Beyond Hand Weights: More Tools to Help You Stay Toned

If you're tired of lifting the same old dumbbells and need something new to motivate your strength training routine, go shopping for these tools, toys, and weight options to help you stay toned.

The barbell workout bar looks like a baton, but its unique shape and even distribution of weight throughout the bar's length lends this strength-training tool to all kinds of workouts. Fitness experts incorporate "the bar" into strength and condition routines, circuit training, yoga, Pilates, cardio classes, kickboxing, martial arts, and all kinds of flexibility workouts. They're often used in group exercise classes, but they're also perfect for home gyms because they store easily, are padded so they don't damage floors, and furniture and work for a wide variety of exercises. Bars weigh between 4 and 36 pounds and cost between $17 and $110 a piece.

Medicine balls may look like the playground balls you remember from elementary school, but these rubber-coated bouncy balls come in a variety of weights. They can be bounced off a wall or tossed between partners. Their textured surface also makes them perfect for grabbing and using as you would a hand weight or barbell. Since they require a two-handed approach, medicine balls help you keep the weight evenly distributed and under control while you exercise. They're great for squats, lunges, arm, leg, and core workouts. Many medicine balls come with instructions for a wide variety of exercises. Balls range from 2 to 12 pounds and cost between $12 and $65 depending on weight.

Kettlebells look like a cross between a cowbell and a fishing sinker. Usually made of cast iron or cement, some are covered with a rubberized coating to prevent them from damaging floors and surfaces. With a handle at the top, kettlebells are designed to be gripped with one hand, with both hands, or held on each hand. Kettlebells can be used in a variety of weight lifting exercises. They're are popular in gyms and at home, especially since Jillian Michaels used them in Biggest Loser workouts. They weigh between 5 and 50 pounds and cost between $10 and $60.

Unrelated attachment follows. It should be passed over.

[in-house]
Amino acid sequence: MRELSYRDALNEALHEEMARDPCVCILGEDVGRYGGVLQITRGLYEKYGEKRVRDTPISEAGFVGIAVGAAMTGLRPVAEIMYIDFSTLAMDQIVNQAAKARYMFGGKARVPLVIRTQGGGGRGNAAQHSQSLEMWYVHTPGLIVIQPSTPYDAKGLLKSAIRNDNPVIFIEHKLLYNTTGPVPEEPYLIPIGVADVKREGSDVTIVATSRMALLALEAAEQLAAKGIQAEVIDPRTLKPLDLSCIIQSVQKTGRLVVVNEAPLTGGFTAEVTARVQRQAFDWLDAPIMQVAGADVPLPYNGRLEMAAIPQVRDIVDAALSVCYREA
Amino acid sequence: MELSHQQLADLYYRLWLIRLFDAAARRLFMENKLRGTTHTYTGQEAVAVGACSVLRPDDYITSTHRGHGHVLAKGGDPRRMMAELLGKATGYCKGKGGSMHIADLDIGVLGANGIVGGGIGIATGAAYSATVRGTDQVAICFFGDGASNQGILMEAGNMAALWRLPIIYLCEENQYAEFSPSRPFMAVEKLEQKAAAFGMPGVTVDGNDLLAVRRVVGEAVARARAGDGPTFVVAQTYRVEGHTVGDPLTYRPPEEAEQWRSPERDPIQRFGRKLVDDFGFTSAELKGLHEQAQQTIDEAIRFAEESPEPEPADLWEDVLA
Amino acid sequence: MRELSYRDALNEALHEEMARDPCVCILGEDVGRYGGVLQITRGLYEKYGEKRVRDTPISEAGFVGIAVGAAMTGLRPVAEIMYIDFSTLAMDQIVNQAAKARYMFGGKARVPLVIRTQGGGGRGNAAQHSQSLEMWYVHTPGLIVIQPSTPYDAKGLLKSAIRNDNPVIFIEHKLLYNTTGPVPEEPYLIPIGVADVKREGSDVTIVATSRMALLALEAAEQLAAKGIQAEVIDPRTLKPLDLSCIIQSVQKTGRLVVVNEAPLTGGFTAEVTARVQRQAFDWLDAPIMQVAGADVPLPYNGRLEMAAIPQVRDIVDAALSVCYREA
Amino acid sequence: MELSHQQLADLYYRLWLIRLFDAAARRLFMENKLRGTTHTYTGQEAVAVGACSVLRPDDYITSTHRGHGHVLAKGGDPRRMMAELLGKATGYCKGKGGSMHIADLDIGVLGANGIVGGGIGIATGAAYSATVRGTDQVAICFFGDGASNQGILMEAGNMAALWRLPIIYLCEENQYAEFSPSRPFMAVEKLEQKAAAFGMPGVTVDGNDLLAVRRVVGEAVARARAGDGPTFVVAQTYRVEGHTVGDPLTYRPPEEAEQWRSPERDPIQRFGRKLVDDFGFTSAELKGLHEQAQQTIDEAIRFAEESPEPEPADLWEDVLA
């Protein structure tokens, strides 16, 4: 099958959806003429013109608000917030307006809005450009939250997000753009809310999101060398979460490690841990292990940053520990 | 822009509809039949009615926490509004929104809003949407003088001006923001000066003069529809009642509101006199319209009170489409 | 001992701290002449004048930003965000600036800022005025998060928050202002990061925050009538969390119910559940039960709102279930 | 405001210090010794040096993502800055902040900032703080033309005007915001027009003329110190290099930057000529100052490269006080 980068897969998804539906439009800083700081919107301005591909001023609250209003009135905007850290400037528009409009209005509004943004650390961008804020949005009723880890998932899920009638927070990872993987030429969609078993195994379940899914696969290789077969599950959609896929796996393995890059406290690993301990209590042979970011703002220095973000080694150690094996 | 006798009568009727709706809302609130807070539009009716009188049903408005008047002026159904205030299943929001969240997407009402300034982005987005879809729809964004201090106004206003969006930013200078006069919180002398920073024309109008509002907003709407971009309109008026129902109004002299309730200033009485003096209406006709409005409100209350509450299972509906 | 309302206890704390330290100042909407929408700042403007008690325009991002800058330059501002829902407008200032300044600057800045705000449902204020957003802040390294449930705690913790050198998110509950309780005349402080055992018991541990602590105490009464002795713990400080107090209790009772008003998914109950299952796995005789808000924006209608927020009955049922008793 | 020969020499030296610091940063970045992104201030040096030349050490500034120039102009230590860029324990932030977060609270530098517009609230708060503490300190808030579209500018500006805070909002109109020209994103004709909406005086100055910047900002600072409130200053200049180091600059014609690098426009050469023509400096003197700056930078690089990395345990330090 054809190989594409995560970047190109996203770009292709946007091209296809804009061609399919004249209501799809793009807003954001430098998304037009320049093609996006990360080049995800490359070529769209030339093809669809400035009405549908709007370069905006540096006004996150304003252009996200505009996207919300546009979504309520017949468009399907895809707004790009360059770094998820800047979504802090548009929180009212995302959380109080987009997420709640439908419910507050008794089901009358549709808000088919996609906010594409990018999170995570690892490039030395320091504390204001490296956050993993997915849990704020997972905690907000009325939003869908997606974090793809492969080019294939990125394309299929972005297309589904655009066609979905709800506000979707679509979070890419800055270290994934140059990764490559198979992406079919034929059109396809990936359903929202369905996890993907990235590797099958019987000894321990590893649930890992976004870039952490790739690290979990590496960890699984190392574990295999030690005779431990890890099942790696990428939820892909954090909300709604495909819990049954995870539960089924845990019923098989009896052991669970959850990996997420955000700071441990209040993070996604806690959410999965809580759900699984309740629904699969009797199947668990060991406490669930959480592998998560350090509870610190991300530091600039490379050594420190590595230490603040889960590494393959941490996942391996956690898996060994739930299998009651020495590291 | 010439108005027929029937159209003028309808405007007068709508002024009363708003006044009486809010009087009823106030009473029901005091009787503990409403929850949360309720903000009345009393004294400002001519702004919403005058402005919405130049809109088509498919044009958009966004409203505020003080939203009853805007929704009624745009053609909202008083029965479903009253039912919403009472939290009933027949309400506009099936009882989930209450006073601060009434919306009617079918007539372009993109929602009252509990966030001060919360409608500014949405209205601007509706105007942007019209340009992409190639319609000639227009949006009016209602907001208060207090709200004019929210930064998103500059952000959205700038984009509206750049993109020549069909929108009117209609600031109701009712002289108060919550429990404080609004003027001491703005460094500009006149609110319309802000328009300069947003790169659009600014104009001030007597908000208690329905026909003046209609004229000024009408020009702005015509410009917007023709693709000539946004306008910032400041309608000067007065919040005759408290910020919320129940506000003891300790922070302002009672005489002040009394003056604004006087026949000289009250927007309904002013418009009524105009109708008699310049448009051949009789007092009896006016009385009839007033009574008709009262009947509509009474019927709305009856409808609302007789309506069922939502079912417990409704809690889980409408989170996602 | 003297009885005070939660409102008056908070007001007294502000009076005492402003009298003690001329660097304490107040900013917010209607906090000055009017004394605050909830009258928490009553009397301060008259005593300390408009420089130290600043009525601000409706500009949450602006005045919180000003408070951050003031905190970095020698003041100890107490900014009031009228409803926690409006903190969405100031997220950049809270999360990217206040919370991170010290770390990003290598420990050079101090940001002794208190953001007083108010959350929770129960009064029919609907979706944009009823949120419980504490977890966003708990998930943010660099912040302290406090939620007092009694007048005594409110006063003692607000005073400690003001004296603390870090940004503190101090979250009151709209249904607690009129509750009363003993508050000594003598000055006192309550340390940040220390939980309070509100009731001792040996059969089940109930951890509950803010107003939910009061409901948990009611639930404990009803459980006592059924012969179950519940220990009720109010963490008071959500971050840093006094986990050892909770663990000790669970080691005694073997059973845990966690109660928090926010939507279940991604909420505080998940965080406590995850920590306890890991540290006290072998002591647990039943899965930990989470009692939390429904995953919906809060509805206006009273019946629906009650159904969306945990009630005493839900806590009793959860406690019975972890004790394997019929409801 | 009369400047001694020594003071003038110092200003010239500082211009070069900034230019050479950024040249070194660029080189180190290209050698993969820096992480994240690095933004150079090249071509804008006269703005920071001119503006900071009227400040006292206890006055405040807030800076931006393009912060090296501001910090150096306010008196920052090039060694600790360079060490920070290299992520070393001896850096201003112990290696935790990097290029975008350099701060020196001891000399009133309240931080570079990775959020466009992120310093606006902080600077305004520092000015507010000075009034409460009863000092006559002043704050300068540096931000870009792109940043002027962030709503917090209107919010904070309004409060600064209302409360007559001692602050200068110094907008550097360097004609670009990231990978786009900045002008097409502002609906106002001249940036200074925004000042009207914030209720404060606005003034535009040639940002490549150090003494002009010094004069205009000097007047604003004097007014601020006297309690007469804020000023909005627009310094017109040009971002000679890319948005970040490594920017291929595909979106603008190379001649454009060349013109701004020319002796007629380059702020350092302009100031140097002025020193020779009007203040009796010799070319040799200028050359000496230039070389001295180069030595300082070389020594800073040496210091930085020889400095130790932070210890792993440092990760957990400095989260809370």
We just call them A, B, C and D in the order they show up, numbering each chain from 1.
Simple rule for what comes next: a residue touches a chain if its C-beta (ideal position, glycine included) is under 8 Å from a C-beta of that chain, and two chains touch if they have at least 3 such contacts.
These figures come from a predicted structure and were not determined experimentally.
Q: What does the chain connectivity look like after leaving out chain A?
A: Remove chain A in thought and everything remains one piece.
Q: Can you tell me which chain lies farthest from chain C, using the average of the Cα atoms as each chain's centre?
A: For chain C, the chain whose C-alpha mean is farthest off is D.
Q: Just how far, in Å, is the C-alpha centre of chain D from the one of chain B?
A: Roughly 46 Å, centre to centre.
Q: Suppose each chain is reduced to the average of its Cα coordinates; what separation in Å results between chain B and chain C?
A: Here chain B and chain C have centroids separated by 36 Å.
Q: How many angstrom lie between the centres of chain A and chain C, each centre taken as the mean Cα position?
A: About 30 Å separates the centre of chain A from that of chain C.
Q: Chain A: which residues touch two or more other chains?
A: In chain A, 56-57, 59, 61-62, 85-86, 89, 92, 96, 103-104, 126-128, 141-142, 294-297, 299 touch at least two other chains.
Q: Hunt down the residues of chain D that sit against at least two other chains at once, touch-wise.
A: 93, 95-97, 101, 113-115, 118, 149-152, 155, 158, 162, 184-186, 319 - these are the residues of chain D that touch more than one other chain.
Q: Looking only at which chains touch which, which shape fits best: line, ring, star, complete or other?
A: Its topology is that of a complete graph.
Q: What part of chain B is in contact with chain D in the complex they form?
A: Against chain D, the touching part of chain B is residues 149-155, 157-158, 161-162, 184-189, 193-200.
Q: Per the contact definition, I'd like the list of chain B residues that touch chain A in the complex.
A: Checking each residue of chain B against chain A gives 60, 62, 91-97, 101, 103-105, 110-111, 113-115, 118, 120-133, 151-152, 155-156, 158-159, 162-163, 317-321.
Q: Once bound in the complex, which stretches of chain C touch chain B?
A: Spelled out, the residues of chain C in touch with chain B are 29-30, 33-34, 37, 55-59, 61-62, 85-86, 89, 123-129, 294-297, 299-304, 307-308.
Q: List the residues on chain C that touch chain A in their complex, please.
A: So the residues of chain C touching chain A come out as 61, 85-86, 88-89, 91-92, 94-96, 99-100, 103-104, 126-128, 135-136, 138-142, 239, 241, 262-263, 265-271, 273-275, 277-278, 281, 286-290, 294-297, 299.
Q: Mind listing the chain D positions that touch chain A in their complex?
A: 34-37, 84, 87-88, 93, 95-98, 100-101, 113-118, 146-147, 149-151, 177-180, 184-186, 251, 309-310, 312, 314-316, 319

Resistance bands look like big rubber bands, jump ropes, or stretchy ribbons. Some have handles to make them easier to grip or step into, but others are handle-less to make them easy to pack and store. Since they weigh next to nothing, it's tempting to think they only provide a lightweight workout, but in fact, resistance bands can supply all the strength training you need. They come in a variety of color-coded tensions that provide light to heavy resistance. There's no end to the exercises you can do with bands. For example, you can loop them around your calves or thighs for a legs and core workout or step on one end and pull with your hand for a biceps workout. They're inexpensive, ranging from about $7 for a single band to $35 for a complete set and they're so compact, you can tuck one into your suitcase or briefcase for a perfect on-the-go workout.

Bodyweight exercises use the weight, leverage, and resistance of your own body to provide strength training. Think yoga, push-ups, pull-ups, and planks. Without using any equipment or spending a dime, bodyweight exercises provide intense, total-body strength training that can be done anywhere.

Any time you're working with a new weight-training tool or system, it's a good idea to get some basic how-to and safety tips from a professional fitness expert.

Mike Ceja, Certified Personal Trainer/Sports Therapist, reviewed this article.